Tuesday, January 23, 2007

JERUSALEM: plans for the future for a modern metropolis.

Focus on Jerusalem

The New Jerusalem?
(Planned since 2005.)

The heavenly Jerusalem is planned by God, but the earthly Jerusalem is planned by man.
Over the next 15 years, Jerusalem will undergo a major facelift, turning it into a super modern city, which combined with its ancient historical places, will attract millions of visitors from around the world. Plans include a skyscraper, a cable car, a blimp to give an aerial view of the city, and an artificial lake.Today this is a vision; tomorrow a reality. “Dreams and deeds are often much less different than we think,” said Israel’s founding father Theodor Herzl. “Every human deed starts with a dream and ends with a dream.” Under the plan, Israel will have its own version of the Eiffel Tower on the Hass Promenade in East Talpiot. The 130-meter (422-foot) tower, which will have a revolving restaurant on the top floor, will afford a magnificent view of Jerusalem and the Judean hills all the way to the Dead Sea. On King George Street, one of the main downtown thoroughfares, a 62-story skyscraper will be erected. Called Migdal haYekum (Universe Tower), it will be one of the tallest buildings in the Middle East. There will be a special covering over the famous Ben Yehuda pedestrian mall, providing protection from rain in the winter and sun in the summer. The mall will be extended from Jaffa Road to Bezalel Street, where the new israel today bureau is located. The Great Synagogue on King George Street will be turned into the Museum of the Jewish People, at a cost of $33 million. The 250-meter (812-foot) Ezekiel Tunnel will begin near Damascus Gate in the Old City and run under the Moslem Quarter. The tunnel will incorporate Solomon’s Quarries, a big cave from Biblical times. It will include a sound-and-light show, restaurants and a theater with 480 seats. A 3,500-square meter (35,000-square foot) lake will extend from the popular Malcha Mall to the Biblical Zoo (see Drawing). It will include the capital’s first water park, with attractions like water-skiing, sailing and ice-skating. A new Imax Cinema will also be built in this area.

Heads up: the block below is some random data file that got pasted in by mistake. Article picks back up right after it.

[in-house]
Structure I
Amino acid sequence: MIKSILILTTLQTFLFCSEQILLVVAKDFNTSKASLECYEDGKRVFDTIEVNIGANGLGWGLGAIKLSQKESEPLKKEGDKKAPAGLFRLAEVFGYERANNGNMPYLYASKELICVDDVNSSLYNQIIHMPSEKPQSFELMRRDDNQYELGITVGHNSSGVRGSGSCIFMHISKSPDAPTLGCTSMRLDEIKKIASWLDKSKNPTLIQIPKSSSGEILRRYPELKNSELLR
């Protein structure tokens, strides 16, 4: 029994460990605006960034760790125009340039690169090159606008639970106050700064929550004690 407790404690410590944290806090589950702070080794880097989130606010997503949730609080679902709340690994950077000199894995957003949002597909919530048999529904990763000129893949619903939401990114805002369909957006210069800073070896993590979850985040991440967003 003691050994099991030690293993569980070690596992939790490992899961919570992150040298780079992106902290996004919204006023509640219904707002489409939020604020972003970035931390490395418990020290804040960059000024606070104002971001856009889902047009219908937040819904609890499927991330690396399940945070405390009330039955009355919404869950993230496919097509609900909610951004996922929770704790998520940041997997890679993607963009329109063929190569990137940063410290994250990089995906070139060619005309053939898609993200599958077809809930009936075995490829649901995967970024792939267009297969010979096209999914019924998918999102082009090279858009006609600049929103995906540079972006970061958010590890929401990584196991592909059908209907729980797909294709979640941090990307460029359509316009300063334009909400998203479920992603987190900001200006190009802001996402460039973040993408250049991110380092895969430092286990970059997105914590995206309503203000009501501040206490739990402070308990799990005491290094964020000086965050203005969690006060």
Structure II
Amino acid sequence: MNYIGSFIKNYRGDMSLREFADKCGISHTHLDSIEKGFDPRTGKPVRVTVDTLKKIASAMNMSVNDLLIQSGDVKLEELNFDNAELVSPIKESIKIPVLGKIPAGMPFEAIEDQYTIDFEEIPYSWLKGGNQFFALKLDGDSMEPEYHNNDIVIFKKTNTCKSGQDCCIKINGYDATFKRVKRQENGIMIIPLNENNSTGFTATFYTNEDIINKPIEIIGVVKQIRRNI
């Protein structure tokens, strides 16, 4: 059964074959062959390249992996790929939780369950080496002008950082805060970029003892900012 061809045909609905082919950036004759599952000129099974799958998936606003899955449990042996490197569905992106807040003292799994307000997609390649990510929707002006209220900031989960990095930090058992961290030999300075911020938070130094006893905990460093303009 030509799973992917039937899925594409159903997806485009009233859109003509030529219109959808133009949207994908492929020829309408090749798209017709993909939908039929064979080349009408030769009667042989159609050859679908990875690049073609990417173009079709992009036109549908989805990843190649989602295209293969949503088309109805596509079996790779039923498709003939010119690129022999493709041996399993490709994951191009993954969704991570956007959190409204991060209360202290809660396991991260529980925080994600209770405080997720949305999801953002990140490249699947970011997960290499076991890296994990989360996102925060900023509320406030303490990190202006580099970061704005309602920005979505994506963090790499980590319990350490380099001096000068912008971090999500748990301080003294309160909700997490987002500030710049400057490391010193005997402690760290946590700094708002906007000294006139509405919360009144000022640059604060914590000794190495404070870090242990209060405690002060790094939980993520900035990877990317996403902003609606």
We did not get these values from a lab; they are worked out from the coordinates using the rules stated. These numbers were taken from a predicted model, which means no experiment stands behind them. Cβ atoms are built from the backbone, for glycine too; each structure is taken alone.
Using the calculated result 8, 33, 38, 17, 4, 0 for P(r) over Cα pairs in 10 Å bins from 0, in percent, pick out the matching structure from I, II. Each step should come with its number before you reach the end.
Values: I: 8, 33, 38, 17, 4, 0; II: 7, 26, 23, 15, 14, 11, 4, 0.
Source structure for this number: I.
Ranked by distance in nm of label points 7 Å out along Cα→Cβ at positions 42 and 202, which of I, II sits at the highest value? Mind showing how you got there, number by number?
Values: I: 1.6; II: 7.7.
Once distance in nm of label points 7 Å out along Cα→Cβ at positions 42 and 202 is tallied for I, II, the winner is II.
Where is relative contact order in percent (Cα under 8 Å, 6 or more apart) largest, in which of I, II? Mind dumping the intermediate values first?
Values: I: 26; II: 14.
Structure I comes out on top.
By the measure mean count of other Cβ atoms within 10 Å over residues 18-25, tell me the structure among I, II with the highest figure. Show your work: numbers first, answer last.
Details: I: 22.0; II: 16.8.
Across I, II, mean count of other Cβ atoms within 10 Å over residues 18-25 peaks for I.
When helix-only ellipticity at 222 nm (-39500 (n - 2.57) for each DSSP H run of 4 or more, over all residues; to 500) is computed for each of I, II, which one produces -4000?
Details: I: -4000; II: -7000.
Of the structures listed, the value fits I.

To the chagrin of environmentalists and ordinary citizens, the beautiful young forests around southwestern Jerusalem will be destroyed to accommodate 20,000 new housing units, highways, schools and other buildings. The forests were planted 70 years ago by the Jewish National Fund. The most hotly disputed project is in the eastern part of the city, where 3,500 housing units will be built connecting Israel’s biggest settlement of Ma’ale Adumim in the Judean hills to Jerusalem. Since the US and Palestinians oppose this project, Israel will expand in the meantime to the West. It is easier to destroy the precious forests that are among the last unspoiled green areas of the capital, than to convince the world about Israel’s right to build on Biblical Land in Judea and Samaria.

Other projects include new highways and trains to connect the city to its growing suburbs. An ultra-modern bridge will be built at the entrance to Jerusalem from Tel Aviv, designed by Spaniard Santiago Calatrava, one of the world’s top architects. The aim is to bring this vision to reality in just 15 years. But timetables are hard to keep in the turbulent Middle East, where wars, terrorism, unrest and politics often cause delays and a change in plans. Even the experts admit that the building of the earthly Jerusalem depends on grace from Heaven above. The City of the Great King, where the modern Jewish state meets ancient Jewish history

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